Dancing Waves and Midnight Light
Anders Zorn: Sweden’s Master Painter, Petit Palais, Paris, 15 September 2017 to 17 December 2017
It’s been exactly 111 years since Anders Zorn’s last major exhibition in Paris. Although nowadays Anders Zorn (1860–1920) is generally forgotten outside Scandinavia because of museum over-focus on French Impressionism, the Swedish artist was once one of the hottest items on the art market in London, Paris, New York and Chicago.
At the height of the American Gilded Age, the Belle époque in Paris and late Victorian England, Zorn painted the stars of the entertainment industry, affluent bankers, captains of industry, and no less than three successive American presidents: Grover Cleveland, William H. Taft and Theodore Roosevelt. American high society became much enamoured of Zorn, and Zorn loved it back with diligent dedication, working day and night to meet his commission requirements. Having gone from rags to riches himself after a peasant upbringing in Dalecarlia, central Sweden, Zorn appreciated the self-made man atmosphere of the New World where new money and a quick run up the social ladder was nothing to be ashamed of. In America he rose to such prominence that before long he was neck-and-neck with John Singer Sargent for portrait commissions—no mean feat if you consider that Sargent was the pre-eminent and most sought-after portraitist of his time.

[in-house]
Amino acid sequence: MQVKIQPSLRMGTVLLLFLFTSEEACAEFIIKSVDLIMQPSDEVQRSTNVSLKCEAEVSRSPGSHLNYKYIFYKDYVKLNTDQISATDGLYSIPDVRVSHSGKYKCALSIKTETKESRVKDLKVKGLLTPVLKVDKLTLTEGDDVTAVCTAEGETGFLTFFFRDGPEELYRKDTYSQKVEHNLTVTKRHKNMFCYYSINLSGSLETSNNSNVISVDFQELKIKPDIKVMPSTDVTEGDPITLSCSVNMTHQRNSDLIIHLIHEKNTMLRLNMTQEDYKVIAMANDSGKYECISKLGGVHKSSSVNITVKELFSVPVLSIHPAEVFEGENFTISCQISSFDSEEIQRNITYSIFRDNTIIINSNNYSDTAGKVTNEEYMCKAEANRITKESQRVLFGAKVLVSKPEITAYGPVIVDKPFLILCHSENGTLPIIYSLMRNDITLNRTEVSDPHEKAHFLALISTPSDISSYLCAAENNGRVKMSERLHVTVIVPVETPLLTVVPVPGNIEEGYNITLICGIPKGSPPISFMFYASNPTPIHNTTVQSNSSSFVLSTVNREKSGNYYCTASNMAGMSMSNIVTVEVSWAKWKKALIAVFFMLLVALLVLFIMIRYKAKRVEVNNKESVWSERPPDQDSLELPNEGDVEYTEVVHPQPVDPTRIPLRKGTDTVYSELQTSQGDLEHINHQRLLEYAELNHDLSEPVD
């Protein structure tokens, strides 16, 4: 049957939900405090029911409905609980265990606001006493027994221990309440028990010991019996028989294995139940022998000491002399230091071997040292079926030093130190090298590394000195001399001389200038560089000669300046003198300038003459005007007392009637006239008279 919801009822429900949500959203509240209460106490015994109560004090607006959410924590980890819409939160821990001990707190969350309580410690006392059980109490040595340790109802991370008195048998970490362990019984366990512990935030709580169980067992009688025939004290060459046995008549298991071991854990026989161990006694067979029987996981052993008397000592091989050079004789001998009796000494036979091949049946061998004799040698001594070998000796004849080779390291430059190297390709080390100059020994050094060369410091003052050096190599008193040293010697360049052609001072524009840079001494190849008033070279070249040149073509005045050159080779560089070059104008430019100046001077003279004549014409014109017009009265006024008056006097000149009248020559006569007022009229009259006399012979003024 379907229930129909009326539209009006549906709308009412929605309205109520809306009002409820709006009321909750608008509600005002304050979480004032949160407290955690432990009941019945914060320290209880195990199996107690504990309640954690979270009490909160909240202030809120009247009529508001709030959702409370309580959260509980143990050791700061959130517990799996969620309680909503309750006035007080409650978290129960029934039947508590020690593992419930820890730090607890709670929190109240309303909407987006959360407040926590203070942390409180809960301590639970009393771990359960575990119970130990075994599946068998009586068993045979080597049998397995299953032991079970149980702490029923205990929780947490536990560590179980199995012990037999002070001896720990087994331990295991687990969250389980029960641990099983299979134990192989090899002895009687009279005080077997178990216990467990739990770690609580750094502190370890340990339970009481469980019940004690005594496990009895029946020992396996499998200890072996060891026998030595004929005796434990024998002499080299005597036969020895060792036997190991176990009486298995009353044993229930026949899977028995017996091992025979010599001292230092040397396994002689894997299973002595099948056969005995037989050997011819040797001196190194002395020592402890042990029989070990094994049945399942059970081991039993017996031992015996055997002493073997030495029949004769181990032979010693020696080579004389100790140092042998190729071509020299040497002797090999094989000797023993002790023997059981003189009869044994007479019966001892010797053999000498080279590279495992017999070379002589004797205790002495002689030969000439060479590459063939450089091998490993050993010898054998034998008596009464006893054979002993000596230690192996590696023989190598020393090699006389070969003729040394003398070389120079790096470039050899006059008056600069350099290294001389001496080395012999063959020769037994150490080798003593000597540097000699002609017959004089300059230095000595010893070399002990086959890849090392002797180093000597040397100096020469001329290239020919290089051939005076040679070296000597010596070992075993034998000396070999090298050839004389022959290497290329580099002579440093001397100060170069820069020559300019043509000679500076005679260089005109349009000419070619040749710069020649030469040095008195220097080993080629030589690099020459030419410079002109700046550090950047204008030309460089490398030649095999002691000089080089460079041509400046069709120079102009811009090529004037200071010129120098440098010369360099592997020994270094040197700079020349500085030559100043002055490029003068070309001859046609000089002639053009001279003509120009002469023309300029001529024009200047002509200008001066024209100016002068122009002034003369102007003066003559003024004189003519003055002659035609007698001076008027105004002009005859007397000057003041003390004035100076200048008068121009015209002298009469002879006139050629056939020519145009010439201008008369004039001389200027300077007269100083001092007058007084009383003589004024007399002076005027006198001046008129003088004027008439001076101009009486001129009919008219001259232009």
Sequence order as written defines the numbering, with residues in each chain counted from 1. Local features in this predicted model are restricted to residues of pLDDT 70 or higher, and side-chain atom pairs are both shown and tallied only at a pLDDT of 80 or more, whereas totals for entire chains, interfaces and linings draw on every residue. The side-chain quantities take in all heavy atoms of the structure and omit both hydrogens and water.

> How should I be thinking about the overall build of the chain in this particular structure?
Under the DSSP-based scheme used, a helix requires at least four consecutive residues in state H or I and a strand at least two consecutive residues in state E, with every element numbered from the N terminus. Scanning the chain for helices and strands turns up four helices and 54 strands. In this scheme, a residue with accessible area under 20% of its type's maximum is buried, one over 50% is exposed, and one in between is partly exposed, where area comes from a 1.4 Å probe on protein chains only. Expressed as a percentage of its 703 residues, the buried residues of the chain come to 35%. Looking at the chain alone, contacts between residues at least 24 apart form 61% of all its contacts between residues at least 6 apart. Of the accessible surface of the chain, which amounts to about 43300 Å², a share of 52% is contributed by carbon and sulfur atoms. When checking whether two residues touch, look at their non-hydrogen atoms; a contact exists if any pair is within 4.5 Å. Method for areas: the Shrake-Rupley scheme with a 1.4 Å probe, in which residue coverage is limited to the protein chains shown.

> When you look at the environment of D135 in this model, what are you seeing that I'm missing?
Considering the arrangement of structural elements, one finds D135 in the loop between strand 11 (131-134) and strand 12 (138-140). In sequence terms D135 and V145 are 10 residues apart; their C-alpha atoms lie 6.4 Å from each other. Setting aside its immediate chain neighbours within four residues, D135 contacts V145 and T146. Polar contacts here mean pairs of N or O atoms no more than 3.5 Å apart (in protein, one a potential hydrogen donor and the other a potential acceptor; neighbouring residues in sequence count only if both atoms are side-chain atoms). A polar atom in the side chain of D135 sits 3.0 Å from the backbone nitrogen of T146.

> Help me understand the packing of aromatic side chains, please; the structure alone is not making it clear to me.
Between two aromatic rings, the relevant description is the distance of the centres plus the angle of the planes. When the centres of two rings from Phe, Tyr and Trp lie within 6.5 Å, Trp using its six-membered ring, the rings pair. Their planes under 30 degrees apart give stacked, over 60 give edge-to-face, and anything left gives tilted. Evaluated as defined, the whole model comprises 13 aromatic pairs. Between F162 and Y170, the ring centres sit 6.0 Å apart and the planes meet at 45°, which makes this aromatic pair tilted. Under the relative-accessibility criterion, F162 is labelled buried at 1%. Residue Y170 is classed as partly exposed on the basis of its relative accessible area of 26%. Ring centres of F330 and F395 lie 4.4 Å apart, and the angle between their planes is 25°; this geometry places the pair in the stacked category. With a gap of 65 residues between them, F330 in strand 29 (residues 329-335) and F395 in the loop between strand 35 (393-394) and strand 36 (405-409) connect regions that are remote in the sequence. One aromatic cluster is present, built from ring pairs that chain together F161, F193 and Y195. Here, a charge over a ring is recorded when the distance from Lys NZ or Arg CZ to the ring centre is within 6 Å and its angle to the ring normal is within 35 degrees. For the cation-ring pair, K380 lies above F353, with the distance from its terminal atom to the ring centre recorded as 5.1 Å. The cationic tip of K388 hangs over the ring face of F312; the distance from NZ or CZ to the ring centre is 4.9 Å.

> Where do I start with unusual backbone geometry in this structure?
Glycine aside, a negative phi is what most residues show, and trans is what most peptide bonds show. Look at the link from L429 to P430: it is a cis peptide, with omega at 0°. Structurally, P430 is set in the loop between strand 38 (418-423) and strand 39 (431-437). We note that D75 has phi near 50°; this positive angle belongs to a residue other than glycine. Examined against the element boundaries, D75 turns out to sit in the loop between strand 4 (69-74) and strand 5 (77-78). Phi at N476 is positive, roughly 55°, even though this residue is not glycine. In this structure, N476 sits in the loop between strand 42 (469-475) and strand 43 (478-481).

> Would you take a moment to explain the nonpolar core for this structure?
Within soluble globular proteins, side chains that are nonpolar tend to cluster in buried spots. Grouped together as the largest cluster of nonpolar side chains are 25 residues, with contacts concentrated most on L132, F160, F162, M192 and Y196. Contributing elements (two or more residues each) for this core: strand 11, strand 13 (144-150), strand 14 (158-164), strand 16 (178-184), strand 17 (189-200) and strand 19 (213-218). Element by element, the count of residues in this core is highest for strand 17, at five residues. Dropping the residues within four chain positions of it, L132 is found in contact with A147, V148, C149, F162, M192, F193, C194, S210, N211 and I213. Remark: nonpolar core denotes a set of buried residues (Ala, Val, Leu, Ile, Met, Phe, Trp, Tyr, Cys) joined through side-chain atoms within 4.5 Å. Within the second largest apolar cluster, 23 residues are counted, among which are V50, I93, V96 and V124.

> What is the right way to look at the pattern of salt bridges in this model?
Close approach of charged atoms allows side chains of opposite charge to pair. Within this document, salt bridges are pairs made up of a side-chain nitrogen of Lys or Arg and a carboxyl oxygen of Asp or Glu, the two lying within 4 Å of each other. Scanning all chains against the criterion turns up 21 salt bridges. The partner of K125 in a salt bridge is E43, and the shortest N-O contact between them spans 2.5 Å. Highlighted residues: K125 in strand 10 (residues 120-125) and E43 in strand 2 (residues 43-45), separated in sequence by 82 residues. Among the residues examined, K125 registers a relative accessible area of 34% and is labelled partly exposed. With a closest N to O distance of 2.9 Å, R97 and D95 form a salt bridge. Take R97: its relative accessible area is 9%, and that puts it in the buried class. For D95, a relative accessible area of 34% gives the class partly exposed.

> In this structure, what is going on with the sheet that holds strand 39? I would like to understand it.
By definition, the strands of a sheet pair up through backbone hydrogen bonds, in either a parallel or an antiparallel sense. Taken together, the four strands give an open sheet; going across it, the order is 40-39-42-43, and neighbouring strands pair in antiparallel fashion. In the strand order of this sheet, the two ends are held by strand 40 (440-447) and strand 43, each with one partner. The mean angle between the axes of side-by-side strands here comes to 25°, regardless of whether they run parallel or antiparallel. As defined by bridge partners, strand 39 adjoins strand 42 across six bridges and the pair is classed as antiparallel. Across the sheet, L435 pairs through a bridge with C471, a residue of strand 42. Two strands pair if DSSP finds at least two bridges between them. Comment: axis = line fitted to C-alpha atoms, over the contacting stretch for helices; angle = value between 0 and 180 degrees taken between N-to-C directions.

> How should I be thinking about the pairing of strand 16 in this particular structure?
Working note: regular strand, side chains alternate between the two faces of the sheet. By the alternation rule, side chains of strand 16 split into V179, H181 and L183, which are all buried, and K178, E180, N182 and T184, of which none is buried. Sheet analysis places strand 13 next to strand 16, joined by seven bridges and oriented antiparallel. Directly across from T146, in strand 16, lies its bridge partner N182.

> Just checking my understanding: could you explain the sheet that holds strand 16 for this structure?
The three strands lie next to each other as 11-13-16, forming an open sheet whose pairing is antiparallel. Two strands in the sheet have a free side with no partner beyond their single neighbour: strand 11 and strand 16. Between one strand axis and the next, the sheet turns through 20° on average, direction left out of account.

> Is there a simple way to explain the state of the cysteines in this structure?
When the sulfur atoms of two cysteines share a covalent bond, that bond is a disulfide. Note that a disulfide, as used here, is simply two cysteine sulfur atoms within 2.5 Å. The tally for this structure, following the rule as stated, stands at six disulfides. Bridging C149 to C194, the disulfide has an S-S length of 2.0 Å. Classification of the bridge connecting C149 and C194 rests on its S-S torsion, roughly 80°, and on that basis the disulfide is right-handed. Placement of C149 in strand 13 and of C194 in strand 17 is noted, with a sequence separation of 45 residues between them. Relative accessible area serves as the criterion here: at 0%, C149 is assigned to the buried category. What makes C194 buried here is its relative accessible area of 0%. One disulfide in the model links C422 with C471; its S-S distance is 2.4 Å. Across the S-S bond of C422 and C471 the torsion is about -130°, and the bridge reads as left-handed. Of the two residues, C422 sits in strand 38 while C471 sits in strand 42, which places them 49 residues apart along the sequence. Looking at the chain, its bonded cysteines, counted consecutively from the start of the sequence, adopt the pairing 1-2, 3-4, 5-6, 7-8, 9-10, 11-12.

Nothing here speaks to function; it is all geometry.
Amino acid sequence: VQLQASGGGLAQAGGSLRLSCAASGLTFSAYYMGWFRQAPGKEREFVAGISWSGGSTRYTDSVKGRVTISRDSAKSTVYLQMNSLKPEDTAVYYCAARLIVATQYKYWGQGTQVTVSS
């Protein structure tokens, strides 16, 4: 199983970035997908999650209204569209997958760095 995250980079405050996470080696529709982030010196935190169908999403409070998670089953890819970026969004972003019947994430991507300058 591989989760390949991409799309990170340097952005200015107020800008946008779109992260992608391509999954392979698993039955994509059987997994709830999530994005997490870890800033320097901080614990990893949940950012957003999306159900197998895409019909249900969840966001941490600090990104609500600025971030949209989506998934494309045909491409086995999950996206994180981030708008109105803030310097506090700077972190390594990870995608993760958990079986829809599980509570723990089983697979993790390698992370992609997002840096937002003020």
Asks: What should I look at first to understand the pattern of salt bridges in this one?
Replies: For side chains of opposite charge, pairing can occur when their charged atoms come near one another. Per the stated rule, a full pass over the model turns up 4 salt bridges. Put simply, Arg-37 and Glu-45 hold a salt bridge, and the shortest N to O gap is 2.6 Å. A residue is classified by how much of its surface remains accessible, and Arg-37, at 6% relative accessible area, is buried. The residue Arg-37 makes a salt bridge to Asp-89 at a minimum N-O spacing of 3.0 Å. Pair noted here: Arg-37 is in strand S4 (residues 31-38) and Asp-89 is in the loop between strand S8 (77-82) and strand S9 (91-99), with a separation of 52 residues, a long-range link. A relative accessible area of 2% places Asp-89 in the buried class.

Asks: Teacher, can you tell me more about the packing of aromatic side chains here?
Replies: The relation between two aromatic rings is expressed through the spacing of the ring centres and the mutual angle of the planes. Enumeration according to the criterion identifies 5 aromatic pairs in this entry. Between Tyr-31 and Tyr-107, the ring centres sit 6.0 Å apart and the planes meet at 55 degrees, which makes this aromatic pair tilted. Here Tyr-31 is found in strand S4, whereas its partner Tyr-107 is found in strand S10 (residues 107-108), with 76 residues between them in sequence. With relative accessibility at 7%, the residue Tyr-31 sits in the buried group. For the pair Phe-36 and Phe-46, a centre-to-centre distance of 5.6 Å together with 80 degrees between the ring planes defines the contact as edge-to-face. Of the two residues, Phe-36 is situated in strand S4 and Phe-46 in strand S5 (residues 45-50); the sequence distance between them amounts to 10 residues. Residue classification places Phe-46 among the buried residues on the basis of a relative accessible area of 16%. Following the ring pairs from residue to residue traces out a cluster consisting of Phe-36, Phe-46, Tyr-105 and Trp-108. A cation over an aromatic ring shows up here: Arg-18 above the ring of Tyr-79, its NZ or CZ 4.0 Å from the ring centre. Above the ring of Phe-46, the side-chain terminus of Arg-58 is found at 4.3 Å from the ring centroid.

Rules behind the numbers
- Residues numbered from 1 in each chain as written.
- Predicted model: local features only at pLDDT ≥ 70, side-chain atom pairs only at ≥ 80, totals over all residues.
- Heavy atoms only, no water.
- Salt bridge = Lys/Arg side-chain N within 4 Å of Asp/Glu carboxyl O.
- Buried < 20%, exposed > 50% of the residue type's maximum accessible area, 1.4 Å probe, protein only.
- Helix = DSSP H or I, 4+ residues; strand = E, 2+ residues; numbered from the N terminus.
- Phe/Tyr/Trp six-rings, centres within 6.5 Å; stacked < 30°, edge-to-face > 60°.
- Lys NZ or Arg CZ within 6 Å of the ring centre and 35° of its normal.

However Zorn’s international career was launched in London’s fashionable Mayfair where he settled for several years with his future wife Emma Lamm. It was thanks to this quickly acquired wealth that he was able to marry her in 1885 without incurring his affluent Swedish in-laws’ genteel disapproval.
His career thus passed swiftly from painting beggars to bankers, but his talent as a painter in both watercolour and oil pushed him in directions that
exceeded the scope of Sargent’s monogeneric works. His most memorable paintings are those that depict life in Sweden, but his paintings of fishermen in St Ives also attracted the attention of the French state.